WetlandUpdate December 2017
Walking the landscape—catchment stories
To effectively manage a catchment it is important to have a collective understanding of how the catchment works. Catchment stories use map journals, integrated spatial information, photographs, animations and an informative narrative to demonstrate the features of catchments.
These stories describe the location, extent and values of the Maroochy and Mooloolah, Mary and Baffle catchments. The stories demonstrate the key features which influence water flow, including geology, topography, rainfall and run-off, natural features, human modifications and land uses.
The information was compiled using the walking the landscape process, where experts systematically worked through a catchment in a facilitated workshop, incorporating diverse knowledge of the landscape, to develop catchment stories.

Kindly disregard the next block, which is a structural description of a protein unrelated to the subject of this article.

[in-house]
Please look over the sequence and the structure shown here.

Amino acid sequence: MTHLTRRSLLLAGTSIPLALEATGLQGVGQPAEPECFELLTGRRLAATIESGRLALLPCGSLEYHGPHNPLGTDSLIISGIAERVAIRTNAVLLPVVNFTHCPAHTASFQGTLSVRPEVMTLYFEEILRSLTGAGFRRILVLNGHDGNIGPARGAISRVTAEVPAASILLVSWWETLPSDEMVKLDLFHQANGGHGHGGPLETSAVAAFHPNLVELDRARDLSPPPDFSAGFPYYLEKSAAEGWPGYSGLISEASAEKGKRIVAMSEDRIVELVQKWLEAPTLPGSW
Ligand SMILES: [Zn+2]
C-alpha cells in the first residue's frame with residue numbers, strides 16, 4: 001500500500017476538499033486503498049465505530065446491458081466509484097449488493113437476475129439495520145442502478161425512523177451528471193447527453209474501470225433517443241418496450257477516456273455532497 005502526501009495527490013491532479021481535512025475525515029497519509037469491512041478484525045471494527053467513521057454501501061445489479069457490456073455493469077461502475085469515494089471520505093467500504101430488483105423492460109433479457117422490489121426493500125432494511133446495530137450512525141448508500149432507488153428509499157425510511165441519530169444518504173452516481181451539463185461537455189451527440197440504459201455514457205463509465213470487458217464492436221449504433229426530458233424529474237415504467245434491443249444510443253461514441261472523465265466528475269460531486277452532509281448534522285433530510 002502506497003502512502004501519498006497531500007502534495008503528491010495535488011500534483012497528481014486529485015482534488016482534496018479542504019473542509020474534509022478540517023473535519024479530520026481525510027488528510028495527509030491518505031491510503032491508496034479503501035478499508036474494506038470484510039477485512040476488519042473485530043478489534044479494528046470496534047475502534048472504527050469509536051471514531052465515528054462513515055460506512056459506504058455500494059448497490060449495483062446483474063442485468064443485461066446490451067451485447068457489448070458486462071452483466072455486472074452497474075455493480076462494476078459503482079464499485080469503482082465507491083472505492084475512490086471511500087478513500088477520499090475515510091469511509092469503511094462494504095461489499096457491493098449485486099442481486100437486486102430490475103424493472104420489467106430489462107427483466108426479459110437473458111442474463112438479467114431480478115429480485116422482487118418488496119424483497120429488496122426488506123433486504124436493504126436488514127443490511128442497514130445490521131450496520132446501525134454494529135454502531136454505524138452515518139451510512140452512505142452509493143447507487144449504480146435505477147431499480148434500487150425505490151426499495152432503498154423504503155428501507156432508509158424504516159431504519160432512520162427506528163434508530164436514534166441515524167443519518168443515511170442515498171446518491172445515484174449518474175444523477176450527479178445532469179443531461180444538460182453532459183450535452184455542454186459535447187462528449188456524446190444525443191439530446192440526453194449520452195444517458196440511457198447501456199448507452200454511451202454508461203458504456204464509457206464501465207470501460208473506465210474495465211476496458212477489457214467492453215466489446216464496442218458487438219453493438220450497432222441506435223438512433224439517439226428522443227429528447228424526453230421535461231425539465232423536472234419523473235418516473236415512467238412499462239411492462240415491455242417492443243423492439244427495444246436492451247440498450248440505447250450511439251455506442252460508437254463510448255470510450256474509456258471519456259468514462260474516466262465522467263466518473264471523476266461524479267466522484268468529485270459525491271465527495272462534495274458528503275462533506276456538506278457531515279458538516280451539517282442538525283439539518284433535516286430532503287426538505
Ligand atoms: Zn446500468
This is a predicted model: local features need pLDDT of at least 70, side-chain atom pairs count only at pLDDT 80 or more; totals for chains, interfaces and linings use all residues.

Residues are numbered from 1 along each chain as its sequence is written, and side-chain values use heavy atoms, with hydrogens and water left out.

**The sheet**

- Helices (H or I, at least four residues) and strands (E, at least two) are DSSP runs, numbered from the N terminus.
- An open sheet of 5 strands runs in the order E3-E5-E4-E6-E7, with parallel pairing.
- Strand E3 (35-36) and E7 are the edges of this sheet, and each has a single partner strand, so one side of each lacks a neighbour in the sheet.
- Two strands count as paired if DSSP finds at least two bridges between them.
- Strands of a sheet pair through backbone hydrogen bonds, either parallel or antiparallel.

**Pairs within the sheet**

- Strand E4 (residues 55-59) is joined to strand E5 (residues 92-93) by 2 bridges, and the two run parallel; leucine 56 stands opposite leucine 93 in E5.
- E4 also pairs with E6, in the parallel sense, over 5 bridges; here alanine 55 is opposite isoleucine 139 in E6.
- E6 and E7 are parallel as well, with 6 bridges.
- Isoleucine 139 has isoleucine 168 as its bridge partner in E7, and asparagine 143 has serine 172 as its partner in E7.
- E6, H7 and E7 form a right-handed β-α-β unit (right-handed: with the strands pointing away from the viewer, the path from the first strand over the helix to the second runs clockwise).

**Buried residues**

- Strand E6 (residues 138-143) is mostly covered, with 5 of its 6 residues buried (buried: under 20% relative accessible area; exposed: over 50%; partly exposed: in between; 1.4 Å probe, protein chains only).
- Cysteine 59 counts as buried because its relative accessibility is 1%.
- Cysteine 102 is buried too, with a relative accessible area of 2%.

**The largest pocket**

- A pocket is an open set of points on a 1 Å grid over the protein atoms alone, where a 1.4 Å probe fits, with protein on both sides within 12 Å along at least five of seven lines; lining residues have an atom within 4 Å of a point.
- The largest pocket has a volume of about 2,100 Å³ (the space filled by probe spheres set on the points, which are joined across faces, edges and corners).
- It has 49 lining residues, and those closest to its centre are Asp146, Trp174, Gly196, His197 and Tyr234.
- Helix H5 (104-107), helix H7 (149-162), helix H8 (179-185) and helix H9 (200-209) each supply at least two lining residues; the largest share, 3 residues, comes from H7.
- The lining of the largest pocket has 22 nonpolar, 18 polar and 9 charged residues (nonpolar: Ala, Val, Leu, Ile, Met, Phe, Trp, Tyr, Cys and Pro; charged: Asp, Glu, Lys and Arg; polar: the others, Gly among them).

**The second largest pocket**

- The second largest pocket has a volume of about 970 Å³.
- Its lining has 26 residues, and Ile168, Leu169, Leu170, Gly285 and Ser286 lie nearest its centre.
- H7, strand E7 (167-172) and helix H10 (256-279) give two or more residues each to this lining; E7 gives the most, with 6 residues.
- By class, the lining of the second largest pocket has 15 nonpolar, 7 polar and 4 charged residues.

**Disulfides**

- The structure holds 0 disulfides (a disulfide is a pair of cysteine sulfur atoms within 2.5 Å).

Migratory shorebirds research case study
Updates, improvements and links
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WetlandInfo feature animal
Our December feature animal is Maccullochella peelii mariensis, also known as the Mary River cod. They are found in the Mary River system, and prefer slow flowing waters with snags and log-piles. The Mary River cod is listed as Endangered under the Environmental Protection and Biodiversity Conservation Act 1999. Threats to the Mary River cod include barriers to stream connectivity and removal of riparian vegetation. Find out more about the Mary River cod.
Last updated: 20 December 2017
This page should be cited as:
WetlandUpdate December 2017, WetlandInfo 2017, Department of Environment and Science, Queensland, viewed 11 February 2019, .